Author(s): Balcao VM, Vieira MC, Malcata FX
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Abstract Ten commercially available crude preparations of lipase from various microbial sources were adsorbed from aqueous buffers at several initial concentrations onto a bundle of hydrophobic hollow fibers made of poly(propylene) at pH 7.0 and 40 degrees C. The kinetics of adsorption were evaluated from measurements at various times of the protein content of the supernatant solution (using BSA as equivalent) in a well-mixed reservoir placed in series with the hollow fiber module. Preliminary tracer experiments have indicated that the module and the tank can be simulated as a system consisting of a plug flow reactor in series with a continuous stirred tank reactor. A mechanistic model based on the hydrodynamic assumptions associated with this system coupled with the postulation of two reversible first-order steps for the adsorption of protein was successfully fitted to the experimental data via nonlinear regression analysis. The statistical significance of the model was checked using tests for lack of fit. This work is useful in predicting the time period required to immobilize a (crude) lipase by adsorption onto a hydrophobic hollow fiber module, a configuration which has proved successful in the recent past for the performance of lipase-catalyzed reactions.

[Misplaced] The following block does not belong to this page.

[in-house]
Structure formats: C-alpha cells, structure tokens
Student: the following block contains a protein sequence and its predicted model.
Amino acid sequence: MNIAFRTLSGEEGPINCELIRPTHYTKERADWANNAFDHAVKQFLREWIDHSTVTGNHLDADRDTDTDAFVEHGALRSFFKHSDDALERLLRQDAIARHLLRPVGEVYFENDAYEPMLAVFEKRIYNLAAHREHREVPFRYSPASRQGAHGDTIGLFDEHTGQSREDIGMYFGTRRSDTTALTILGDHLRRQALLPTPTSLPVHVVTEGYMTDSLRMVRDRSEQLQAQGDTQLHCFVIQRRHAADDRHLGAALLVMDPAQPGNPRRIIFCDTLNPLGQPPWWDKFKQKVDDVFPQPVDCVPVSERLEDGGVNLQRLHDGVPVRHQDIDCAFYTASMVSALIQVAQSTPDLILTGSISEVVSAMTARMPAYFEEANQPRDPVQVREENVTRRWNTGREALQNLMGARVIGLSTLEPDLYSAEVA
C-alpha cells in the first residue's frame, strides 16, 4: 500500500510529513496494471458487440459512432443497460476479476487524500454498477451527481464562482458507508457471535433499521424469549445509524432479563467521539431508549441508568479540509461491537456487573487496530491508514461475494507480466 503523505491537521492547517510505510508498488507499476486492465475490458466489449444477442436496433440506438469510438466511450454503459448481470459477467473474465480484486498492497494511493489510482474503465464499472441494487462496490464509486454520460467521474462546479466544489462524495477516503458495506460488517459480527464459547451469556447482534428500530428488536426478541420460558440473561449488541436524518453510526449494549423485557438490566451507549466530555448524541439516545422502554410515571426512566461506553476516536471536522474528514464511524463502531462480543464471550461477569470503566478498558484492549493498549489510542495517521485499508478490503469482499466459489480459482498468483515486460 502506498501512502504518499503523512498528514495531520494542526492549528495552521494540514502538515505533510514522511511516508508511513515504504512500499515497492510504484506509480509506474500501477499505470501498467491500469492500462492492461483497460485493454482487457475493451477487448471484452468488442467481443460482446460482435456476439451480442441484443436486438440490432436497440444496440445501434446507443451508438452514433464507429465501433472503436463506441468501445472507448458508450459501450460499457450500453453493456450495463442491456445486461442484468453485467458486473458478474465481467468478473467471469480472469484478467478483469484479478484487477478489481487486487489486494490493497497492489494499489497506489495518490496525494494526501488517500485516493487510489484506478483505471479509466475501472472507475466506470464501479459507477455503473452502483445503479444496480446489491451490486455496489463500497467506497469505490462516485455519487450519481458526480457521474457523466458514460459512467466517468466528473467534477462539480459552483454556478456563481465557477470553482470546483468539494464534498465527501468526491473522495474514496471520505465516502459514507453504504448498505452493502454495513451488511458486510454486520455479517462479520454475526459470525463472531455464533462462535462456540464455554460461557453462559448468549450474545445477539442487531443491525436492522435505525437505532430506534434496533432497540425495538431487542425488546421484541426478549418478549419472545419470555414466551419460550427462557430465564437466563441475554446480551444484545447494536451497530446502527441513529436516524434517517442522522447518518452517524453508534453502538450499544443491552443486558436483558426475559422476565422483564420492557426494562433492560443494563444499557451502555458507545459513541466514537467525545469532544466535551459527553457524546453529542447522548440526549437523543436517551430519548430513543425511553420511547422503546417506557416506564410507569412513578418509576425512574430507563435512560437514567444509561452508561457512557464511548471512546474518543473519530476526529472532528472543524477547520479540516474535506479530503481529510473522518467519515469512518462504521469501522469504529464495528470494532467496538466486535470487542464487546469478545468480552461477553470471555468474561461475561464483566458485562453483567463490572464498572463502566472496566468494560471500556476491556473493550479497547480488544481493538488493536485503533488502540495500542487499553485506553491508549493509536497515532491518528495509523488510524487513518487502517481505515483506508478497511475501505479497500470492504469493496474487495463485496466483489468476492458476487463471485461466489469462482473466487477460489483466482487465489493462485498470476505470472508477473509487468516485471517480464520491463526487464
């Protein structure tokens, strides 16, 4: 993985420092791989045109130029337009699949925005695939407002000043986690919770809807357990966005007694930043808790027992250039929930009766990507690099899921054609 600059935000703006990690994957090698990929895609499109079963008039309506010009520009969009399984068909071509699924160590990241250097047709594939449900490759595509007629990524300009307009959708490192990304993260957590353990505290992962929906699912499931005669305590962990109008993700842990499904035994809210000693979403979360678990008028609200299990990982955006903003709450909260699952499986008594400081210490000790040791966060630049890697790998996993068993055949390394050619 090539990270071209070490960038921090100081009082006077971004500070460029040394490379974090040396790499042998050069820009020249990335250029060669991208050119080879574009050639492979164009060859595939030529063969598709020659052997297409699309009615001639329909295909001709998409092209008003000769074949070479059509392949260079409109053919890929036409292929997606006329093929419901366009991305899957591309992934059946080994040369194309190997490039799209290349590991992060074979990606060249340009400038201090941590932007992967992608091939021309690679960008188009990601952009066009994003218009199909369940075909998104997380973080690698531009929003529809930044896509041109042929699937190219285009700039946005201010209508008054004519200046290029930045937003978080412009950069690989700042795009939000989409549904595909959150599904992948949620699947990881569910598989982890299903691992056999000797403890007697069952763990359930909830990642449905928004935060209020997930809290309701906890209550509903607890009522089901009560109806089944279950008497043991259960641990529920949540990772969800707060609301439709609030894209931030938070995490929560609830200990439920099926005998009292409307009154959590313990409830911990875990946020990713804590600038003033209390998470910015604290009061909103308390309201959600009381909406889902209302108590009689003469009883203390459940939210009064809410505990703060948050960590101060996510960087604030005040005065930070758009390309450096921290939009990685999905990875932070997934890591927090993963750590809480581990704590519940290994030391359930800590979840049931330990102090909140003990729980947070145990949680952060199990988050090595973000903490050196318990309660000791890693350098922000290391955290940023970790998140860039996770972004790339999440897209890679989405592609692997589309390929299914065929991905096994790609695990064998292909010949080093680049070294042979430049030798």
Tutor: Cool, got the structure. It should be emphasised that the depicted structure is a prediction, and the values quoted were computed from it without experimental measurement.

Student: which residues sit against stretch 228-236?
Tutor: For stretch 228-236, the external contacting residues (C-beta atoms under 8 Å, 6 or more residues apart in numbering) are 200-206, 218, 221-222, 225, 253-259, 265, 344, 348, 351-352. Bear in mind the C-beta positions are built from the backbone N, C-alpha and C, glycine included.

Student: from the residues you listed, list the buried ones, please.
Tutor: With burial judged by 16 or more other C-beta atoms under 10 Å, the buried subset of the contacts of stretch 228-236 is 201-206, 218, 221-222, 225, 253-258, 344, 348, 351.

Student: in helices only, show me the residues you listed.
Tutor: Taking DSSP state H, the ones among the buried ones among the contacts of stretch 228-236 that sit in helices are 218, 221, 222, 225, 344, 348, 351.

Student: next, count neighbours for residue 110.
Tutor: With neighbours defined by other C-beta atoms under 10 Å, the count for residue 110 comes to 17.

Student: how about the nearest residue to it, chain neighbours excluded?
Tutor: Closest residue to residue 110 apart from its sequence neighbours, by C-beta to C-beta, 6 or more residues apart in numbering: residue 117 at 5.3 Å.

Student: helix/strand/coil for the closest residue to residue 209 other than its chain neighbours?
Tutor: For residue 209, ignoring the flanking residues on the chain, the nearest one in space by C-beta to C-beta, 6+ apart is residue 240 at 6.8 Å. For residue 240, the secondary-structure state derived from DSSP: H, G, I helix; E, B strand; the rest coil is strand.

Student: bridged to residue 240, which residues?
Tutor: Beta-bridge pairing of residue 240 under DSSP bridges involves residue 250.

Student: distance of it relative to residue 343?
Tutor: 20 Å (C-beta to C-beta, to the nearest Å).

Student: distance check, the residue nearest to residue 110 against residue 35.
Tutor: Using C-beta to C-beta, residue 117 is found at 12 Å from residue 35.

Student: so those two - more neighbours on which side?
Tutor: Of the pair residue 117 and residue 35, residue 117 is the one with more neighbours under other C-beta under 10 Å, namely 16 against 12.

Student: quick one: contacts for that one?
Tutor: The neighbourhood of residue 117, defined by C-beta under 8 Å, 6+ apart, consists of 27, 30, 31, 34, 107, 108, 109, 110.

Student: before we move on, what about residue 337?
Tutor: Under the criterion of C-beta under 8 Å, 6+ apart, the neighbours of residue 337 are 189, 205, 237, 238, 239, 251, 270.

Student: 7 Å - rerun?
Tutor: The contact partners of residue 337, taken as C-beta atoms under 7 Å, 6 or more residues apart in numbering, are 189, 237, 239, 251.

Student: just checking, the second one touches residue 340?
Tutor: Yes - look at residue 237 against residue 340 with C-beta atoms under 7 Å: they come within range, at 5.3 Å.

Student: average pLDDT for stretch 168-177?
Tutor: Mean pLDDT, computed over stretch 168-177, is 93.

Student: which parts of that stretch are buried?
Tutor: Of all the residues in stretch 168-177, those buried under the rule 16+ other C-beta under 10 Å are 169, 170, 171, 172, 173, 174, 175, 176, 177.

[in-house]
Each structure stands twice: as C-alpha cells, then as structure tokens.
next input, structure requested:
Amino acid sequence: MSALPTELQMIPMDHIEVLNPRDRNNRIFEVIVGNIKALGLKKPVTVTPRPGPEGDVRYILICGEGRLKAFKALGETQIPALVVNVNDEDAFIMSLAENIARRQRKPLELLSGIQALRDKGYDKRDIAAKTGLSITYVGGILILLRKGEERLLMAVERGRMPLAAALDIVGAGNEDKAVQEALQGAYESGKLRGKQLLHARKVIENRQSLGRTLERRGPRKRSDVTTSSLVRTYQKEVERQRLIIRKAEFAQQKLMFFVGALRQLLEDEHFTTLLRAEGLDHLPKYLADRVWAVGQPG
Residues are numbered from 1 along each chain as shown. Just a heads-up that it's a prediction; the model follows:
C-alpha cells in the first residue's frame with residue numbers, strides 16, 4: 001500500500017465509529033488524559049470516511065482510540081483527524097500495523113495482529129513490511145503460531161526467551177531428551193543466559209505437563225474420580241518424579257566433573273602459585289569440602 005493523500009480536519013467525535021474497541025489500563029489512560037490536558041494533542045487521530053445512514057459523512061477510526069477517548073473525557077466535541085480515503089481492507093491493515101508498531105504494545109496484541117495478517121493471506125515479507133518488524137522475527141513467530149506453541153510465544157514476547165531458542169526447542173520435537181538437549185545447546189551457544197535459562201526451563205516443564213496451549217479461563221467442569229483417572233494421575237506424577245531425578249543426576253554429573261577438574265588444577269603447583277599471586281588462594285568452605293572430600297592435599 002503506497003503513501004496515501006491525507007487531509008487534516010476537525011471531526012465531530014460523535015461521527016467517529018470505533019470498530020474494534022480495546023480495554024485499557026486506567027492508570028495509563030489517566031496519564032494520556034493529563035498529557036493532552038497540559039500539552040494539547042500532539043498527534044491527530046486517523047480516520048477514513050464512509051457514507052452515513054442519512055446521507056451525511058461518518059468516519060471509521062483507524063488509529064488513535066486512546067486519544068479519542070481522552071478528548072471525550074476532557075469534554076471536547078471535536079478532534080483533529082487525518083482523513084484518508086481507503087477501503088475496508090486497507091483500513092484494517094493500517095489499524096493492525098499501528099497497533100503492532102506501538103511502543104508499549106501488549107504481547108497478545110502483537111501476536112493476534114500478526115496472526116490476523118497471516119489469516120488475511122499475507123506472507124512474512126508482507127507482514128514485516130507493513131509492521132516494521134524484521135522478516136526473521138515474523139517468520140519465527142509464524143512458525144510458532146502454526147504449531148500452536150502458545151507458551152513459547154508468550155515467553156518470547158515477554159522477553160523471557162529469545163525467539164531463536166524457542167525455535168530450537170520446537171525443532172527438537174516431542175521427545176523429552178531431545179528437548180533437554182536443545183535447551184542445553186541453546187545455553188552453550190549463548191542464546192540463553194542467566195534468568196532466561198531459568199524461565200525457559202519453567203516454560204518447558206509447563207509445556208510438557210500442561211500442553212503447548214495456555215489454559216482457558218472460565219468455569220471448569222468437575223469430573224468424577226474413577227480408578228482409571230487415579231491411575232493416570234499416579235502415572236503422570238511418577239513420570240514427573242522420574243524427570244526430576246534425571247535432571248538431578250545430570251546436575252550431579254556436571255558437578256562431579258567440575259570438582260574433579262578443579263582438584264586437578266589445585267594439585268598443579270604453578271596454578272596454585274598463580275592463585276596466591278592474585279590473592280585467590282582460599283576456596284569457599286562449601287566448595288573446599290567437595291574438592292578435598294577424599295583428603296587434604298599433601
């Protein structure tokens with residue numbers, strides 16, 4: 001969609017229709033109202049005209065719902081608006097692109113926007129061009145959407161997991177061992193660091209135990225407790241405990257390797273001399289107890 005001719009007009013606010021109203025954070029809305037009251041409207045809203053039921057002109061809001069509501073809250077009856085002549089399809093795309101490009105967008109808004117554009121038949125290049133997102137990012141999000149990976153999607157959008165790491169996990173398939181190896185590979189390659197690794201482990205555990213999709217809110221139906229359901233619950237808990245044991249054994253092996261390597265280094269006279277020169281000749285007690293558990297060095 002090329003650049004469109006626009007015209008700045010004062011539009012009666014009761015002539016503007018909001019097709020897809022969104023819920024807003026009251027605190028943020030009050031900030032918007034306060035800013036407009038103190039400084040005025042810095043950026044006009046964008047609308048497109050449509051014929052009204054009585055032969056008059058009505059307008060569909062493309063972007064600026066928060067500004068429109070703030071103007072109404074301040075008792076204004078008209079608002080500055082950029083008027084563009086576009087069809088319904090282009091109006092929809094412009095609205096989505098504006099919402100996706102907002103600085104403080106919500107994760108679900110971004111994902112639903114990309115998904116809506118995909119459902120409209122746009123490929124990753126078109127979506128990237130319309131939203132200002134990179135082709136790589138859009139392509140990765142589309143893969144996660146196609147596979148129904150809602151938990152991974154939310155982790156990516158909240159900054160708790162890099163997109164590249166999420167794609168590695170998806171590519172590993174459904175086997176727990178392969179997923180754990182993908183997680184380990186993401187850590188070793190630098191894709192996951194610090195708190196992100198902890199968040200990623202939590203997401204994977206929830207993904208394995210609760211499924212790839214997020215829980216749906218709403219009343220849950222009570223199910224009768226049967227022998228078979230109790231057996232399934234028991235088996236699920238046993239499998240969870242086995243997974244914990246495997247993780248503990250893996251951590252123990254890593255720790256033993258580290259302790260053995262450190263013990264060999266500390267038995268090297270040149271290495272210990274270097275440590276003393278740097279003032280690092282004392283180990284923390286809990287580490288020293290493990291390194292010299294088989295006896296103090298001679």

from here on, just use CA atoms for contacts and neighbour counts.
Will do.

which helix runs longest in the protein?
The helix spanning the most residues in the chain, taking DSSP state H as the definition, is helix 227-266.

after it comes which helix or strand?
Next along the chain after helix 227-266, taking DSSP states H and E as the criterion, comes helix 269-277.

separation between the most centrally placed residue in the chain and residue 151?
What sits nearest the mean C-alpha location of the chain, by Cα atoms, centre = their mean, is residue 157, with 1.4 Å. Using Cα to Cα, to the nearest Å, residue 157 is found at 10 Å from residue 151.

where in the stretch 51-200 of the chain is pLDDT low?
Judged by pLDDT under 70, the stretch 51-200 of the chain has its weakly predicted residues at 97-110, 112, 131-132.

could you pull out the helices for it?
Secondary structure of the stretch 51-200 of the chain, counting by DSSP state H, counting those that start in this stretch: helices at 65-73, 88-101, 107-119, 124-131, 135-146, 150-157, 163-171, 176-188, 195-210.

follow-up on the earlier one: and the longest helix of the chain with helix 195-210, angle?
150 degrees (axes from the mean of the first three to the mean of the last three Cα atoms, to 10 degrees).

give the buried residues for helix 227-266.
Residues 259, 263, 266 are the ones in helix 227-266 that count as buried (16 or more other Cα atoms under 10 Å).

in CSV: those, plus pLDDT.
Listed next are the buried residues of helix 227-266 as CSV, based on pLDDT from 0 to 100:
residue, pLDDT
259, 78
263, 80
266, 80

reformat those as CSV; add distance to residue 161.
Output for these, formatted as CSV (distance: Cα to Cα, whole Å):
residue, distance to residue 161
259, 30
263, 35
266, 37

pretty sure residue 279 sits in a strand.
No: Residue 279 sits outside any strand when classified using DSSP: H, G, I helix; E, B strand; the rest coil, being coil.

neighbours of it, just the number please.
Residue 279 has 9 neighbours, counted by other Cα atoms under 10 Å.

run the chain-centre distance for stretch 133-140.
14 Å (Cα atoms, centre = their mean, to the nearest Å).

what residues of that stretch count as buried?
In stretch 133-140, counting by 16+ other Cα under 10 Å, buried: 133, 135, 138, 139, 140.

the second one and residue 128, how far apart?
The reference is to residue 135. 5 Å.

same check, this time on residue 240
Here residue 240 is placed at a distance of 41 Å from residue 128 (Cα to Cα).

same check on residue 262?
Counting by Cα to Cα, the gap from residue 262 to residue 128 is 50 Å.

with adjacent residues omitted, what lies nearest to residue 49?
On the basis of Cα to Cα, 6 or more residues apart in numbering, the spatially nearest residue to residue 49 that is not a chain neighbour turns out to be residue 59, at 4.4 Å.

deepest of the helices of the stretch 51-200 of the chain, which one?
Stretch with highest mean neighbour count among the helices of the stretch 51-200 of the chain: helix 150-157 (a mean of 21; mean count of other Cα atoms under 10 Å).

This article was published in Biotechnol Prog
and referenced in Journal of Analytical & Bioanalytical Techniques